3. Do you believe it is the responsibility of local governments to take climate change-focused actions and to consider how to minimize carbon emissions from municipal operations and facilities in all of the council deliberations?
I think it’s incredibly irresponsible for anyone to come into local government without a deep understanding of how climate change is going to impact our buildings, our neighbourhoods and our community as a whole. As Electoral Area B Director, I have supported and encouraged our Board and our staff to use climate impacts as a lens on every decision we’ve had to make.
In some instances, it’s been incredibly easy – using the waste heat from our ice surfaces to heat the swimming pool at the Sports Center. Makes fantastic sense and saves tax dollars in the long run. In other instances, it’s been very difficult to encourage change at a time when residents in the valley have had to suffer through so much through COVID.
Moving forward, I’m energized with ideas of how to engage our youth to help us in our climate work, providing dignified, paid employment to support building retrofits, reforestation, stream-keeping work and more. Climate change is undeniable. We’ve lived through heat domes, atmospheric rivers, epic cold, and forest fire smoke – all attributed to the heating of our planet. We can and will do more and our community will benefit from our mitigation and adaptation work.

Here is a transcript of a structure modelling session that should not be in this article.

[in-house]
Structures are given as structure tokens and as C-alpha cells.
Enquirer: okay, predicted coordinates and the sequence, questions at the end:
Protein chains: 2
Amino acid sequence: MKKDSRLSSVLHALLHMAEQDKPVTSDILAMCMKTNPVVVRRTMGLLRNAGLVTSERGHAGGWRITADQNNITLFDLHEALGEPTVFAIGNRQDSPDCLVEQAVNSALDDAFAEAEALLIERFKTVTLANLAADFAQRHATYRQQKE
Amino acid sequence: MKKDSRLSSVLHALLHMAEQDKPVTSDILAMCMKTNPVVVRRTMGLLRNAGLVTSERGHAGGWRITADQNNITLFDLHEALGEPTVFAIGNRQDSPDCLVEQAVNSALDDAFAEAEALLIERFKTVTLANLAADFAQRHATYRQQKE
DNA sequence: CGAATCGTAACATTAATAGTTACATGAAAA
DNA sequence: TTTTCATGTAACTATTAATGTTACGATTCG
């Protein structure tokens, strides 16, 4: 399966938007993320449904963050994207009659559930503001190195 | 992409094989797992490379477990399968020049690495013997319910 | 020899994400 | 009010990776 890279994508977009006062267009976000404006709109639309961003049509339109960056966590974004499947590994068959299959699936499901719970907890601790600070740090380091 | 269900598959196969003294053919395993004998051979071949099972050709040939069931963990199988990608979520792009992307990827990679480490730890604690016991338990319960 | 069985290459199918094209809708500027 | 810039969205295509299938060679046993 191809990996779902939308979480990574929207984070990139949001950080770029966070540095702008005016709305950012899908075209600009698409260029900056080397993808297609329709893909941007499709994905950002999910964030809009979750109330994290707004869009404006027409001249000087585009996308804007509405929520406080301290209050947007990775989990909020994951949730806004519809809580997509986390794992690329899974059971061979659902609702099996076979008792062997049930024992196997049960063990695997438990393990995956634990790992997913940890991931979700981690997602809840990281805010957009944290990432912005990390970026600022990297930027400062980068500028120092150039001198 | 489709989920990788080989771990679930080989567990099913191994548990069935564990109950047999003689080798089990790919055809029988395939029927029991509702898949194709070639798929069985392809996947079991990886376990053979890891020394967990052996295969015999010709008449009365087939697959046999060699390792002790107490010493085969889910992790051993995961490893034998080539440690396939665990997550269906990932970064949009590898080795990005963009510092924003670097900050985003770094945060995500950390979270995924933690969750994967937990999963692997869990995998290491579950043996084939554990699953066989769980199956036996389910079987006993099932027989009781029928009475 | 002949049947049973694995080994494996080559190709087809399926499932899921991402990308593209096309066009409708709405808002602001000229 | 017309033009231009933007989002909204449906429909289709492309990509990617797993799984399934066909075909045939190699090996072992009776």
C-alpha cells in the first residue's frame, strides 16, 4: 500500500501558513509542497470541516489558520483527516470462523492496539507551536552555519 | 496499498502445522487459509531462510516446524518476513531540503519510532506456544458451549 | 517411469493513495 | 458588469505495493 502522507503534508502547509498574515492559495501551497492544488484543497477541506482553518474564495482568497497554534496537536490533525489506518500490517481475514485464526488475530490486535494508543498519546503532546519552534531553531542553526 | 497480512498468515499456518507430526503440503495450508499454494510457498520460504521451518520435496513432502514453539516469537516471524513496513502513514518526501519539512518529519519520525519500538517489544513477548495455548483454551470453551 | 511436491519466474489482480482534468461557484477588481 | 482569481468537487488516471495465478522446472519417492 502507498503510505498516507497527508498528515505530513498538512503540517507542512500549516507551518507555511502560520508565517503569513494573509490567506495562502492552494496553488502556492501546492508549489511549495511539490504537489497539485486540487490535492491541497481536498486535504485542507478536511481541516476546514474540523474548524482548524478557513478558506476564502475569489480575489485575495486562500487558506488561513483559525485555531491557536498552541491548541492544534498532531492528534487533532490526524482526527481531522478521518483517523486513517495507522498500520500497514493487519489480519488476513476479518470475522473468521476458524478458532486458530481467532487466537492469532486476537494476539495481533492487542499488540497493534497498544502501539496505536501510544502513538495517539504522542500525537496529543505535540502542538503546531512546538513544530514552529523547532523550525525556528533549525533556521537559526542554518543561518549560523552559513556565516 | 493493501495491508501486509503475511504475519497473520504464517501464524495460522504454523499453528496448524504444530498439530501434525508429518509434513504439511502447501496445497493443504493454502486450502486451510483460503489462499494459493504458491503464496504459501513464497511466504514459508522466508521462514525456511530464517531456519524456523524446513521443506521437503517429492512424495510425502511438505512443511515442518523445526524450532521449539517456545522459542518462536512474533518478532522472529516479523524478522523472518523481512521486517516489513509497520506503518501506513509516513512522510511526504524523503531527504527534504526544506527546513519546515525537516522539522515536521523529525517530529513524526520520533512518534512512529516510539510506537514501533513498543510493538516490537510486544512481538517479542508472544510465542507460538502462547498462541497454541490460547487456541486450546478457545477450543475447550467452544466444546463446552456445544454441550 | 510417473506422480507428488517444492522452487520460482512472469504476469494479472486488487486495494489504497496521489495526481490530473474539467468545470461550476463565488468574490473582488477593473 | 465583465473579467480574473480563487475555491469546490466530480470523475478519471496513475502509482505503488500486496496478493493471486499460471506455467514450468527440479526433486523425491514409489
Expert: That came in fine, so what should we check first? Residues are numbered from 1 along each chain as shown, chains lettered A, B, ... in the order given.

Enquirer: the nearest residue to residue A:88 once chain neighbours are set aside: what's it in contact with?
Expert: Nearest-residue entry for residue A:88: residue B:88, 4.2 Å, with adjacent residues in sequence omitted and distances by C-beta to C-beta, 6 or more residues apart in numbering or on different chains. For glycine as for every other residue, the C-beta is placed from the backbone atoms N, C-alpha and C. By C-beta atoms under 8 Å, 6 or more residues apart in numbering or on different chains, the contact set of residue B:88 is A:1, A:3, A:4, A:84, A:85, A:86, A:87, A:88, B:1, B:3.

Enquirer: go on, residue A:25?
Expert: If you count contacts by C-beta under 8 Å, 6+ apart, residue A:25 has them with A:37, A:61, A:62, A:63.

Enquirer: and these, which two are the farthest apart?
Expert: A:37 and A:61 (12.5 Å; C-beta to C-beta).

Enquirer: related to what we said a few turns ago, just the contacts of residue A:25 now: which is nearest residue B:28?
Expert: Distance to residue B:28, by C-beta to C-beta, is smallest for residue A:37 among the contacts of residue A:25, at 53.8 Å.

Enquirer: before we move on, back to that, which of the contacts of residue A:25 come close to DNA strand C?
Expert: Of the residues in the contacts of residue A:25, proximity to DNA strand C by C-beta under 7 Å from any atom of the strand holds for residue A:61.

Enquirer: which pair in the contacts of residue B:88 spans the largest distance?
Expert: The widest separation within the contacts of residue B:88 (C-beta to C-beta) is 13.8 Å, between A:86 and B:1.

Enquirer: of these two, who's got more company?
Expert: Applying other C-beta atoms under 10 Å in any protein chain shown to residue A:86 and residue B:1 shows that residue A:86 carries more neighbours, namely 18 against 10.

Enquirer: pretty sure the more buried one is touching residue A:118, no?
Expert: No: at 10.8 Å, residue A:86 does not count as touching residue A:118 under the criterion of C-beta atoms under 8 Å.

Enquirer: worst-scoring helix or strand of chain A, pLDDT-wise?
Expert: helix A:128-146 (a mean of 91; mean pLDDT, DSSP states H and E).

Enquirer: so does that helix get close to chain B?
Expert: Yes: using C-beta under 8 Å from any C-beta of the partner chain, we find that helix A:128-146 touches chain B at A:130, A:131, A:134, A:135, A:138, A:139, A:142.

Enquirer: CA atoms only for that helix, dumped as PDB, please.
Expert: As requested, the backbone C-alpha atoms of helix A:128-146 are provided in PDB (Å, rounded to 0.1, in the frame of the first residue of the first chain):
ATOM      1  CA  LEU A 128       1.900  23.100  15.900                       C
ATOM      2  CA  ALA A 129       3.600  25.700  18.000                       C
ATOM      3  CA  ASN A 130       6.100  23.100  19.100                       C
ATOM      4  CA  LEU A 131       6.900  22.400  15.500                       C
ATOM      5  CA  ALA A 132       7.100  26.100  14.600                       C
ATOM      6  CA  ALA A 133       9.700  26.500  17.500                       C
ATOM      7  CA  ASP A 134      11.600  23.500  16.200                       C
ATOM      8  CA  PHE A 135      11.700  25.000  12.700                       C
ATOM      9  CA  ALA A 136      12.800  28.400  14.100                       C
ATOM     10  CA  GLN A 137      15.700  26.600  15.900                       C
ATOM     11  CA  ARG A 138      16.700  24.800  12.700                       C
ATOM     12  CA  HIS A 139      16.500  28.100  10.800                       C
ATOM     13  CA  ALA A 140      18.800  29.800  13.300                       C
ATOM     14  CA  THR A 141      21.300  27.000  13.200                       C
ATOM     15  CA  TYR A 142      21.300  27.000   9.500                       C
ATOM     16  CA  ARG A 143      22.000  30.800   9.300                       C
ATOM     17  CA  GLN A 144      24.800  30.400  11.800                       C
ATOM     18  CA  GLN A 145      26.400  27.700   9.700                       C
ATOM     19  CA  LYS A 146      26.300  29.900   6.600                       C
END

I believe that climate change and carbon emission are important issues, however, I feel there are more pressing issues that are facing local governments at the moment. These issues are in our control and can be corrected in the short term.
WHERE AND WHEN TO VOTE
General Voting Day is Saturday, Oct. 15 for all local government positions.
Comox Valley Regional District
General Voting Day and advance voting take place at the CVRD building in Courtenay from 8 am to 8 pm.
Go to this link for General Voting Day locations in the three Electoral Areas.
Additional voting takes place on Oct. 6 from 9 am to 12 pm on Denman Island and on Oct. 6 from 2 pm to 5 pm on Hornby Island
Advance Voting begins on Wednesday October 5, 2022, 8 am to 8 pm at the Native Sons Hall, and again on Wednesday October 12, 2022, 8 am to 8 pm at the Florence Filberg Centre.
General Voting Day, Saturday, October 15, 2022, 8 am to 8 pm at the Queneesh Elementary School, and at the Florence Filberg Centre.
Advance voting begins Wednesday, October 5 from 8 a.m. – 8 p.m. at the Comox Community Centre, and on Saturday, October 8 from 10 a.m. – 2 p.m. at the Genoa Sail Building at Comox Marina, and again on Monday, October 10 from 10 a.m. – 2 p.m. at the Genoa Sail Building at Comox Marina, and on Wednesday, October 12 from 8 a.m. – 8 p.m. at the Comox Community Centre.
General Voting Day runs from 8 am to 8 pm on Oct. 15 at the Comox Community Centre.
All voting in the Village of Cumberland takes place from 8 am to 8 pm at the Cumberland Cultural Centre. Advance voting takes place on Oct. 5 and Oct. 12.